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On my way to work this morning, crammed into a packed Northern Line train like sardines in a tin can, I was reminded (yet again) of one of my biggest pet peeves of living in London; the way that huge swathes of commuters refuse to stand up and give up their seat for pregnant women on the city’s over-crowded underground.

Despite clearly marked ‘priority’ seats located next to every train door, specifically designated for people who are disabled, pregnant or less able to stand, today, and far too often, these seats are hogged by what I can only describe as ‘inconsiderate selfish b*stards’, if you’ll pardon my French.

So engrossed are this group in their newspapers, books and electronic devices that they are simply incapable of looking up for one second in-between stops to see if there might be someone who may need a seat more than they do.

Picture the scene…

It’s 7:15am and a pregnant woman climbs onto a busy commuter train, as a carriage full of seated Londoners quickly cast their eyes down to avoid making eye contact with the baby carrier.

If she’s lucky, there might be a friendly face that acknowledges her, usually a young woman or knowing parent (rarely found in the priority seat themselves), who will stand up (usually half way down the carriage) to give up their seat for this pregnant lady.

She then has to struggle through a crowd of people to reach her seat. And that’s if some clueless person doesn’t take the chance to sit in it first (something which happens more often than you’d think).

Now, I can understand that commuters are a tired old bunch, seasoned by years of antisocial London living to avoid eye contact or conversation with strangers at any cost.

And I can even see why some people may be worried about giving up their seat for older passengers or people without an obvious disability for fear of offending them.

But in the case of pregnant women, the vast majority wear a widely recognised Baby on Board badge that clearly indicates their need for special consideration.

This badge, available free of charge from the TfL website (a great initiative in partnership with Not on the High Street) is not just worn as a sign of pride by expectant mothers. It is worn as a means of saying:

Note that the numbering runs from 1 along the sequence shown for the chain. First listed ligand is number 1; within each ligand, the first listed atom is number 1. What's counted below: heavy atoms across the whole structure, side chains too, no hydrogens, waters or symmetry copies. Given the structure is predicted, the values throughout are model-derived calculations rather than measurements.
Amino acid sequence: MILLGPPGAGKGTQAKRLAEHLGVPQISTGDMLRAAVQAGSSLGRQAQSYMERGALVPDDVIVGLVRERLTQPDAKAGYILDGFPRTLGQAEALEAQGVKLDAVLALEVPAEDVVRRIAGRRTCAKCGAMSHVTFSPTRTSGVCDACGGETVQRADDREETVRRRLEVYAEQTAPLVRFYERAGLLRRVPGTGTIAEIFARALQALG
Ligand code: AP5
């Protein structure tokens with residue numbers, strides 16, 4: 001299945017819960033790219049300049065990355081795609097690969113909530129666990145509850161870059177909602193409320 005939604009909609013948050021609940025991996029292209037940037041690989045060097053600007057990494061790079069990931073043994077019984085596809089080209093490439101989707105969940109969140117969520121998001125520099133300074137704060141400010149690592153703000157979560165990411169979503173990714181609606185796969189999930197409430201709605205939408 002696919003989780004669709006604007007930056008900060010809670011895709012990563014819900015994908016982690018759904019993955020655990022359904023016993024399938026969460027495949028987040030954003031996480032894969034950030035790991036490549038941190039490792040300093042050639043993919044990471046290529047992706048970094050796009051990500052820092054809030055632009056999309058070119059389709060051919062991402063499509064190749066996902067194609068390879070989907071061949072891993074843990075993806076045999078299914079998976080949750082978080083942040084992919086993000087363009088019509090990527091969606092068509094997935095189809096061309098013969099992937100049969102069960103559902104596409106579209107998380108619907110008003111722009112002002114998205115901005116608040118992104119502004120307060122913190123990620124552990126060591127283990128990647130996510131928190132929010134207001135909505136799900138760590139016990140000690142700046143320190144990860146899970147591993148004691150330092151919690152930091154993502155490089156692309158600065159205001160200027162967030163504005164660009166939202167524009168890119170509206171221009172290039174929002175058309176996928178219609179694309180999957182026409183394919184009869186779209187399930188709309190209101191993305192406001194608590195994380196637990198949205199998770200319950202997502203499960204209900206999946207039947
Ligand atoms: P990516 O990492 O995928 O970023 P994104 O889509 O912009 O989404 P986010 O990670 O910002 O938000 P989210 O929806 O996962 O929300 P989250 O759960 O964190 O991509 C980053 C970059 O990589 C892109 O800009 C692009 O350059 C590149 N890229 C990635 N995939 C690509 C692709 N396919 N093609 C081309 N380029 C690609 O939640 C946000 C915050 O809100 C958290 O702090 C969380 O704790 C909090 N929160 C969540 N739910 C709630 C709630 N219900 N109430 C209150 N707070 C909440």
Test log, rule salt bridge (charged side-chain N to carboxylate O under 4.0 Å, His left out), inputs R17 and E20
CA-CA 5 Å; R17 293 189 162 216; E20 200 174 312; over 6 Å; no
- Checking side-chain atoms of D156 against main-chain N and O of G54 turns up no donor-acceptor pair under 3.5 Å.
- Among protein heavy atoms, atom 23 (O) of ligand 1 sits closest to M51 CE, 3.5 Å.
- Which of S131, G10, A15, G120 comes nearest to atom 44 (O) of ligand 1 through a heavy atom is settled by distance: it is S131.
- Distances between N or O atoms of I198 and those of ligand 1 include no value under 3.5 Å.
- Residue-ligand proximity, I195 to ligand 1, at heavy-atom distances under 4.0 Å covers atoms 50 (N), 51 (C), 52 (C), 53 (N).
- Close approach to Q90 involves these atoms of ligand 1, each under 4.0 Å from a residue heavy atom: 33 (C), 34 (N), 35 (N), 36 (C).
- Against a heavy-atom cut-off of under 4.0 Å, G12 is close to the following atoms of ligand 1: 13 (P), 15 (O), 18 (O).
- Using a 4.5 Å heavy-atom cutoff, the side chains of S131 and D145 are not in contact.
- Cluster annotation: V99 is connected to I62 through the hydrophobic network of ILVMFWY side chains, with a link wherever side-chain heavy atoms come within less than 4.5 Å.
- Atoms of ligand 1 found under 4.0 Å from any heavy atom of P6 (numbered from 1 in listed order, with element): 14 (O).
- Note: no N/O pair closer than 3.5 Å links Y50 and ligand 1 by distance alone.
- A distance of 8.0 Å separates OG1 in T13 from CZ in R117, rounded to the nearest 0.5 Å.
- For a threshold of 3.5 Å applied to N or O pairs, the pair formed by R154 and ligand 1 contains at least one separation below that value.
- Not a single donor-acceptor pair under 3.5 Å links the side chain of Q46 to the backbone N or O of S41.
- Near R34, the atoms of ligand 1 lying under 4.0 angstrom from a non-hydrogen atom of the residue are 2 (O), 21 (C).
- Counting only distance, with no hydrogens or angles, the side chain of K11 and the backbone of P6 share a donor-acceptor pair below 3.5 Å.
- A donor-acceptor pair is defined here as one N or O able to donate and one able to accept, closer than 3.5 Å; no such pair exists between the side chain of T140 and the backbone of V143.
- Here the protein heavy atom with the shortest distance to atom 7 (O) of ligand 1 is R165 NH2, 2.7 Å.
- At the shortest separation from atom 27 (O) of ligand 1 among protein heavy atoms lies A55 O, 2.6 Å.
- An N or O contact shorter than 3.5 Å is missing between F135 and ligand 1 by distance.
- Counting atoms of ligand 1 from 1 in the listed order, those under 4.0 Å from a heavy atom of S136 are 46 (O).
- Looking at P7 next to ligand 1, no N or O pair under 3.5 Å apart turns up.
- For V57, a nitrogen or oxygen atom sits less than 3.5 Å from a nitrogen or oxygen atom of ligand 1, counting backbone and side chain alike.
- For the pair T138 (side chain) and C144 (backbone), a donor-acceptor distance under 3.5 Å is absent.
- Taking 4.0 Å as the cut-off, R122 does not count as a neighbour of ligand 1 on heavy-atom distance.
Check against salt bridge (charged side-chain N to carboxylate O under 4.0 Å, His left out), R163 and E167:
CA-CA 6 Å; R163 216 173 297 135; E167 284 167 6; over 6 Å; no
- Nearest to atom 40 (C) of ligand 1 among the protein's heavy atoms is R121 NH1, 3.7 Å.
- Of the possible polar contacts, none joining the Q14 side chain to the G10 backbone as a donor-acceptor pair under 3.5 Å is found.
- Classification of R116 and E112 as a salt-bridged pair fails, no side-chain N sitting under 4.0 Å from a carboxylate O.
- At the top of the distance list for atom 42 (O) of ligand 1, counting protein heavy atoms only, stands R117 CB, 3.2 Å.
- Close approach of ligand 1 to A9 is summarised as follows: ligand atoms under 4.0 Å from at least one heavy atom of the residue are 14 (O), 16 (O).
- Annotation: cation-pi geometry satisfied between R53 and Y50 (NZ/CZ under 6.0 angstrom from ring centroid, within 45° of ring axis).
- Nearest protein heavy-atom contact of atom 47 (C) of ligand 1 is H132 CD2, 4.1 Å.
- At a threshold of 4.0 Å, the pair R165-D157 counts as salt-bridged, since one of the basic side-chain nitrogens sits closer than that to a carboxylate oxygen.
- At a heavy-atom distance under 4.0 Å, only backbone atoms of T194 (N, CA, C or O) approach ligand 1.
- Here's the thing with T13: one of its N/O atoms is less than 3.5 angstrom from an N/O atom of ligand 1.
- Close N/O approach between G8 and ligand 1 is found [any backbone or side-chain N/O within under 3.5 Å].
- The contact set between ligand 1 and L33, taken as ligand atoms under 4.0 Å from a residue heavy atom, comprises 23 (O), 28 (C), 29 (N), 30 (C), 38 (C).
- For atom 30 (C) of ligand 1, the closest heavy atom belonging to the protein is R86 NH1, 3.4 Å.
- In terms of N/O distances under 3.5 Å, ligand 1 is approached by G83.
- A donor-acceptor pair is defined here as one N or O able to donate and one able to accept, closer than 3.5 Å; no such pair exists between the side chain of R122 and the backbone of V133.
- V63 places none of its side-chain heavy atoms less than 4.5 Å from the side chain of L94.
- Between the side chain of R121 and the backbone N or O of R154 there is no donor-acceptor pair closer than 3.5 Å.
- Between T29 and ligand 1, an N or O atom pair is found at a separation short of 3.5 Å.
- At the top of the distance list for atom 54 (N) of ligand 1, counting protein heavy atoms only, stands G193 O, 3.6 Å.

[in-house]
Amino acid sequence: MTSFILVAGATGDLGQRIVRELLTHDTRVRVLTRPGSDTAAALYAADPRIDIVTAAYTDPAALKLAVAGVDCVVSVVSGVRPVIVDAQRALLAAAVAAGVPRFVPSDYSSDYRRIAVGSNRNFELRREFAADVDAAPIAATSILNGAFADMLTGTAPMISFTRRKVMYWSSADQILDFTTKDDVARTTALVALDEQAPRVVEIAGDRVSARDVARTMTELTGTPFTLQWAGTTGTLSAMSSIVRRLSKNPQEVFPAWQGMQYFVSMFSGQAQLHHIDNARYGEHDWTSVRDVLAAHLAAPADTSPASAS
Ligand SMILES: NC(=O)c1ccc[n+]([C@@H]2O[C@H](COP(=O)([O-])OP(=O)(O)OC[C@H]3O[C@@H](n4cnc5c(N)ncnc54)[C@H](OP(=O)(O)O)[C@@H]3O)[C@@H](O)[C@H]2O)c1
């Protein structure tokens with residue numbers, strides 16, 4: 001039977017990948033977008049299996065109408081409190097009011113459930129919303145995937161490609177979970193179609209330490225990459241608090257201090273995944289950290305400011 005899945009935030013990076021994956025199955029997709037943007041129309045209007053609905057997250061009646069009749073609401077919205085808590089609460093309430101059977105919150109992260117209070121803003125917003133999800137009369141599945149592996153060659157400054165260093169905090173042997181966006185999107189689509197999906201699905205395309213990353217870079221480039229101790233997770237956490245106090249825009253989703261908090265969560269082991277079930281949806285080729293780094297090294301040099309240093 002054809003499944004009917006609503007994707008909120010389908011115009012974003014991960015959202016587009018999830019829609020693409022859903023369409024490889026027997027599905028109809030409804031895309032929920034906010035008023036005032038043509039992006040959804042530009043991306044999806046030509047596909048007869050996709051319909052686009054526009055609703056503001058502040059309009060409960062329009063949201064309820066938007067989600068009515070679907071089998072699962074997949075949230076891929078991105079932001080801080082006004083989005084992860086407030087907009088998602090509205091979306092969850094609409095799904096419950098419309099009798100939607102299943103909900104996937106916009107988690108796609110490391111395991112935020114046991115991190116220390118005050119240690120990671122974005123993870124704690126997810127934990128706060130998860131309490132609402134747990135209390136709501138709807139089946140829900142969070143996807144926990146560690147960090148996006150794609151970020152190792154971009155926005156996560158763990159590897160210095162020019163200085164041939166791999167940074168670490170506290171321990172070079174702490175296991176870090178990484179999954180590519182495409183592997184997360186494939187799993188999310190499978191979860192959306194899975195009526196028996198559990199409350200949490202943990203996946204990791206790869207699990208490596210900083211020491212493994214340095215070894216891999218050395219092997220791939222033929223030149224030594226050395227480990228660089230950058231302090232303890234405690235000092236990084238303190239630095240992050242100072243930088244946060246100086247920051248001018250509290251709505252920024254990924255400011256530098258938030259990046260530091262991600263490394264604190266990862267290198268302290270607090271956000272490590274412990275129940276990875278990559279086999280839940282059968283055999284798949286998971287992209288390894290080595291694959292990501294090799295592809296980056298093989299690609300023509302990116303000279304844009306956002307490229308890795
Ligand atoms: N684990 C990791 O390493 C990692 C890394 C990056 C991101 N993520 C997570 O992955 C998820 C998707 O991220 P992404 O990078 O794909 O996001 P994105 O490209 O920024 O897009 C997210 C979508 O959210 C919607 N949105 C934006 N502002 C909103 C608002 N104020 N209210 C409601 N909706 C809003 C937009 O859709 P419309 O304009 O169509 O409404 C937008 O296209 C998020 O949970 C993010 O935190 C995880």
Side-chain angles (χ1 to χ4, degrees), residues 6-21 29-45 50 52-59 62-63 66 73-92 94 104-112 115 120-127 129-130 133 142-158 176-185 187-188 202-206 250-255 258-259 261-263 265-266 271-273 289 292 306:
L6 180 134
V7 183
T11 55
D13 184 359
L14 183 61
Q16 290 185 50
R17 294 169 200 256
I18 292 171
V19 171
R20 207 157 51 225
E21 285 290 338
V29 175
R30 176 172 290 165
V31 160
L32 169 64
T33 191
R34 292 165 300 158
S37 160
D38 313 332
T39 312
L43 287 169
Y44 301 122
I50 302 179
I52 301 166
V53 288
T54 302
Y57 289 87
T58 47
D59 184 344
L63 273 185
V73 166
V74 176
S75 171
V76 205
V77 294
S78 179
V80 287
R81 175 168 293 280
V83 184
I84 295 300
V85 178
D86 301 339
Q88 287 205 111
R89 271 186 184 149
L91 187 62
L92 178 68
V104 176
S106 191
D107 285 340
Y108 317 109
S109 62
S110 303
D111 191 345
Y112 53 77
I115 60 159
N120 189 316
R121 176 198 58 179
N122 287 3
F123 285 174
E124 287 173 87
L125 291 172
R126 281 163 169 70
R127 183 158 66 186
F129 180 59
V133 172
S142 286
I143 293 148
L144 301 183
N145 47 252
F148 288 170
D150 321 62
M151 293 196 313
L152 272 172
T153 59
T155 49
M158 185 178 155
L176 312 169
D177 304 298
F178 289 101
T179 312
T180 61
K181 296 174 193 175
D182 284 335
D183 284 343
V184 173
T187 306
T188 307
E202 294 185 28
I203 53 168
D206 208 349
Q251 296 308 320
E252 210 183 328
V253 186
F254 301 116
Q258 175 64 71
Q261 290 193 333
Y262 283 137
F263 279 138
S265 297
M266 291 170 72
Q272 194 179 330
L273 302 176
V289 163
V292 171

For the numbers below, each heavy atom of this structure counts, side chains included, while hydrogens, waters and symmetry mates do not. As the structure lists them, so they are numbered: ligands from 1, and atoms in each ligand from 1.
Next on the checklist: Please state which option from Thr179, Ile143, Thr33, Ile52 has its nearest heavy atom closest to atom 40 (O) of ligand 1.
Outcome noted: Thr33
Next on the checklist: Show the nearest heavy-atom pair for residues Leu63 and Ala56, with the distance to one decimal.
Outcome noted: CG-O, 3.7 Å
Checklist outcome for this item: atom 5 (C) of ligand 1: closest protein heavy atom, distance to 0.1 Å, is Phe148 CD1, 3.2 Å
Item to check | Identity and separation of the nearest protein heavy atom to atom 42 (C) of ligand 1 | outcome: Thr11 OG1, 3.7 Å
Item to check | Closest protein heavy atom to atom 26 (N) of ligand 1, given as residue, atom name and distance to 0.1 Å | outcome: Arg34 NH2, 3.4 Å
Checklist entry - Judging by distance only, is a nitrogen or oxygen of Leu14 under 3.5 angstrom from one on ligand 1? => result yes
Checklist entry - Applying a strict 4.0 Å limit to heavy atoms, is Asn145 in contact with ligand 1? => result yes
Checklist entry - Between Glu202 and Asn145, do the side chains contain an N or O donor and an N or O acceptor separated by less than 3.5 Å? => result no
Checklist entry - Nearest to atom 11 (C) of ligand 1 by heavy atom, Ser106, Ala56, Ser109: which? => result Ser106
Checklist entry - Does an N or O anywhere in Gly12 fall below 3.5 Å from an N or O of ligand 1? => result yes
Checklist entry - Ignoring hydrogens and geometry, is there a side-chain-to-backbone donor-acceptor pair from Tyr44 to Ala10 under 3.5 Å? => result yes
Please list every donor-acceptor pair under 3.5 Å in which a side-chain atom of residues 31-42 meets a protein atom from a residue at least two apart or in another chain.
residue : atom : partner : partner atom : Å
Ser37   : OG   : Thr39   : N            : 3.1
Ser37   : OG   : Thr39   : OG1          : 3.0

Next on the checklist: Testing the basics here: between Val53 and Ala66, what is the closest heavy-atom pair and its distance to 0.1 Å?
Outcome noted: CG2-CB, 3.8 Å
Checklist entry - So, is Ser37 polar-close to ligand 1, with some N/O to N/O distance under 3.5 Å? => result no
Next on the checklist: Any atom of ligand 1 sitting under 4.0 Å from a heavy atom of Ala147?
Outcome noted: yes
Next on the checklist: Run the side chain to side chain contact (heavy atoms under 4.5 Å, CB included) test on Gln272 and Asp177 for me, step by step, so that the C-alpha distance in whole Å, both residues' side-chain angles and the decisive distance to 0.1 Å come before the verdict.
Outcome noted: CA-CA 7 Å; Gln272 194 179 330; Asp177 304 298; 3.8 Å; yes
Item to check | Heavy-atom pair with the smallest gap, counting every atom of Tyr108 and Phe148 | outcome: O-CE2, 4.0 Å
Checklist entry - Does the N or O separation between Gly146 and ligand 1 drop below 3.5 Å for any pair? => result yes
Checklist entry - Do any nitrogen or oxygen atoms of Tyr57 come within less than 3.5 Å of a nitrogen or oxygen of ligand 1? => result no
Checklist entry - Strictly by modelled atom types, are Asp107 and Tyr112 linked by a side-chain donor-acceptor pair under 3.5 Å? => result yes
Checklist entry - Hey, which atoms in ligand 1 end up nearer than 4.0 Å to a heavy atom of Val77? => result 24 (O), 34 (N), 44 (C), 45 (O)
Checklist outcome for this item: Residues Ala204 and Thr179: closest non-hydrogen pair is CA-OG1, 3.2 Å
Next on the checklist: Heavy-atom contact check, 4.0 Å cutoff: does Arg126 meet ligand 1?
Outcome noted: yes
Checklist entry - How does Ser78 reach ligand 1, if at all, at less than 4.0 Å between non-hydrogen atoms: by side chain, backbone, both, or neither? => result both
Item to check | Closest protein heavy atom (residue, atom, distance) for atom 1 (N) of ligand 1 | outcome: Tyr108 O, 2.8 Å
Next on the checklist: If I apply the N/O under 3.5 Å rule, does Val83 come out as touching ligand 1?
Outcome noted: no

“Dear fellow commuters, I’m currently growing a tiny human inside me, which unfortunately is zapping all my energy, playing havoc with my body temperature and blood pressure while making me feel seriously nauseous. To top it off, I still have to go to work in this condition!

I know it was my decision to get pregnant in the first place, but I would be ever so grateful if you could make my day. All you need to do is stand up and give up your seat so I can get to work in one piece without being bashed and barged out the way when you’re exiting the train.”

So come on commuters. Let’s take it upon ourselves to be more aware and more considerate of our fellow commuters when on public transport. Think of your own mothers, wives, girlfriends, pregnant friends and colleagues, and whether you would give up your seat for them on a packed train or bus.

If the answer is, “Yes, of course”, then you know it’s the right thing to do.

When travelling on public transport, let’s look up more, and if we see a Baby on Board badge (or indeed anyone that might need a seat more than us), let’s never hesitate or wait to see if someone else will give up their seat.

Instead, let’s take action, earn some serious positive karma and stand up! #StandUpForPregnancy

As always, we’d love to hear your thoughts on the subject, so please do share your stories, views and insights with the group via the comments section below.

And if, like me, you feel passionately about this subject and the need for commuters to be more considerate of their fellow passengers, I hope you will join the campaign by tweeting your support using the hashtag #StandUpForPregnancy.

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Giles is the author of London dad blog YOU THE DADDY, giving a guy’s perspective on pregnancy, babies and parenthood.

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